A few days ago I found a short video on my facebook. It showed a dog that was rescued together with her pups. And I found myself touched and agitated while watching, because after this dog has been rescued big, round tears came out of her eyes. She truly was crying and I never saw or heard of this phenomenon before. Someone responded to this movie with another video. This one shows another dog that is lying on the grave of his caretaker. And this dog is intensely sobbing. And his lips are quivering like a child has its lower lip vibrating of sadness, before tears come.
Are animals feeling joy and sadness? Are animals grieving because of ones shared love?
In our summer safari 2014 we entered the gate of Ngorongoro. There are allways Baboons welcoming us but this time a large group of elder Baboons and babies were present. One female was restless and got our attention. She was running up and down the road and in her hand she dragged her dead baby. She went sitting on a small wall, holding her baby. Other Baboons tried to get her baby from her as if they wanted to help her to let go, but she run away pushing them and screaming.
I also remember the famous story of Jane Goodall about a young Chimpanzee. He was old enough to feed himself. But after his mother died he could not recover emotionally and died shortly after her.
Also I remember the little Gorilla in Uganda, whom refused to leave the body of his mother and died.
In the research to grieving processes of animals, Elephants take a special place. They are observed in detail in the wild nature of Africa. There are many records of Elephants standing silently with the bodies of dead companions. And they tend to touch the trunk or bones in a special way, like they are embracing their mate.
A famous Elephant story is about Eleanor. Eleanor died in Kenya Samburu National Reserve. After she collapsed Grace, a matriarch from another family, used her tusks to get her on her feet again. Shortly after Eleanor collapsed again. Grace became very sad. She made sad noises, stayed with her although her own family moved on.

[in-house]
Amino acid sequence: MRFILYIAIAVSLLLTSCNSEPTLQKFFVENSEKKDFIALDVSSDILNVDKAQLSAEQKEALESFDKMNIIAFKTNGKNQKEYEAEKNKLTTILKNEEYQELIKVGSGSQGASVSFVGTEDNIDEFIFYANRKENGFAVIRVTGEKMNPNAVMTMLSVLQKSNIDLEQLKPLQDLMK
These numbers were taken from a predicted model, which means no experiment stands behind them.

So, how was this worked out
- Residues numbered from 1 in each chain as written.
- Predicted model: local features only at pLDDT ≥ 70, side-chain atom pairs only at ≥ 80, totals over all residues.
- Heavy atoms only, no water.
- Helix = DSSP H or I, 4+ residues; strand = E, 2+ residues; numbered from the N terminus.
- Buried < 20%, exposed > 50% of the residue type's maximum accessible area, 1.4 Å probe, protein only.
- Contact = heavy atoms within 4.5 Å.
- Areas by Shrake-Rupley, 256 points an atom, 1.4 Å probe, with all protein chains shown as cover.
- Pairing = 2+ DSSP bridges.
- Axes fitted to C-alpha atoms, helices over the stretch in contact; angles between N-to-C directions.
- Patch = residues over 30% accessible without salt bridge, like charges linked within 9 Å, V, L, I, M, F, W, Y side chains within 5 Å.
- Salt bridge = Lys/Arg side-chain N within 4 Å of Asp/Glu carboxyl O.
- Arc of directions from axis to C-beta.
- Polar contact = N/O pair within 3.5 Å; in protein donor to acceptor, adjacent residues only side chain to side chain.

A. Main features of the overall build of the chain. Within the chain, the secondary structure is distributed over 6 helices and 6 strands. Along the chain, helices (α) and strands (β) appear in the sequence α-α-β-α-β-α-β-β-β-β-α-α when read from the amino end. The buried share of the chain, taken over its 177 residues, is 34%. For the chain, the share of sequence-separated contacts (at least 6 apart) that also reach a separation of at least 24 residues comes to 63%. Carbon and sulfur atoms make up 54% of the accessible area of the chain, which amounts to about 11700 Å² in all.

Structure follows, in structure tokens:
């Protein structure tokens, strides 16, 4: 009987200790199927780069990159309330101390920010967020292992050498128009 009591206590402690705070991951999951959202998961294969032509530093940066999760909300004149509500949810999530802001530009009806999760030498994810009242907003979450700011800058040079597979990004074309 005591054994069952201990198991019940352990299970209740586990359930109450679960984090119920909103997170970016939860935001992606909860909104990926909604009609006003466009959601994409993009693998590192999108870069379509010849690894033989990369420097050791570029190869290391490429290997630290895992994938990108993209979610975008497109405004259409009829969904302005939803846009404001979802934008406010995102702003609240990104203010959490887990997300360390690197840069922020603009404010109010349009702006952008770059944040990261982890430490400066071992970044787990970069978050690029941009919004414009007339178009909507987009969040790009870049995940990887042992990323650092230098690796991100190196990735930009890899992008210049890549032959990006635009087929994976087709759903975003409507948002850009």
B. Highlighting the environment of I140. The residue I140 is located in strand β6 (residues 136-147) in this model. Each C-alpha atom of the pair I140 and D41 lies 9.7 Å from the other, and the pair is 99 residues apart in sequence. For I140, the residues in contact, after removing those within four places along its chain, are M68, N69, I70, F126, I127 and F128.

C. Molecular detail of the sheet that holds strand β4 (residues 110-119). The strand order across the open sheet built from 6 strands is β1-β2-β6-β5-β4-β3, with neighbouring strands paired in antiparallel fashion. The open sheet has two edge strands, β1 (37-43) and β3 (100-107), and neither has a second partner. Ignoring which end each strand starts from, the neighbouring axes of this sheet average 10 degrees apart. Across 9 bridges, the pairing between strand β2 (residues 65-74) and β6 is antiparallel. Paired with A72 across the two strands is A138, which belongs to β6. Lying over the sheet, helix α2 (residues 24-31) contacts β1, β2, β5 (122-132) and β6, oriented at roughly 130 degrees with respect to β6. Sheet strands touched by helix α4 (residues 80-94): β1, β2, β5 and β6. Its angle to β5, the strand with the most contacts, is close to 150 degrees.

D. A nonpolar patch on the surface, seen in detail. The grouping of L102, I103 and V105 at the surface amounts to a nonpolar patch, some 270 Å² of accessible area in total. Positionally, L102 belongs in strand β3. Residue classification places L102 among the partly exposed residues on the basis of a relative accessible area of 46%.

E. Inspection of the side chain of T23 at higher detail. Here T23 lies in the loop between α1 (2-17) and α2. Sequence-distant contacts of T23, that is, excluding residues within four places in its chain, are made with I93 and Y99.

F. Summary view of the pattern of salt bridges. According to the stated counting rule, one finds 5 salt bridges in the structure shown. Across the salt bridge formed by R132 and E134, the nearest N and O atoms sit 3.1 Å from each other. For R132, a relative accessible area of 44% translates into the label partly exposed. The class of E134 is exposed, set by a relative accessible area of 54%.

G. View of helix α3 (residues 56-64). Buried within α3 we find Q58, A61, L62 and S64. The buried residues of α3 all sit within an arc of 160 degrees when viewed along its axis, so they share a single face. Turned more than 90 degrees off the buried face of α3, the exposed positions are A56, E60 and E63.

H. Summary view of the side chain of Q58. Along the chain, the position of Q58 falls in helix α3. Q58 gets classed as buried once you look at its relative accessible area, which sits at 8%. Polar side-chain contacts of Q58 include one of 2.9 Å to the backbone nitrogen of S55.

The next morning Eleanor died. Maui, a female from a third family touched the body with her trunk and tasted it. She hovered with one foot above the body of Eleanor and pulled the body with her trunk and left foot. It didn’t work and she started rocking over the body.
That following week many Elephants came to visit the body of Eleanor. And they stand silently around her.
Elephants from five different families came to visit and responded to her death. This shows their grieve goes beyond their own small group.
One Elephant from Tennessee got famous because of her eight year friendship with dog Bella.
They were seen all over the internet. Tarra and Bella were always together. When Bella got seriously ill and stayed inside the house for three weeks, Tarra was outside waiting for her all the time. And finally when Bella was missed, Tarra stopped eating and seemed depressed. When they found the body of Bella being attacked by Coyotes, they buried her and in the night after funeral Tarra made her lonely trip to the grave and put her footstep on the fresh sand. Other Elephants began to support Tarra and brought her special gifts like food.
Still Biologist Dirk Droulans is not convinced that Elephants do mourn. He thinks we are too much projecting our feelings and interpretations of our feelings on animals. Listen to Radio 1 http://www.radio1.be/programmas/nieuwe-feiten/rouwen-olifanten-echt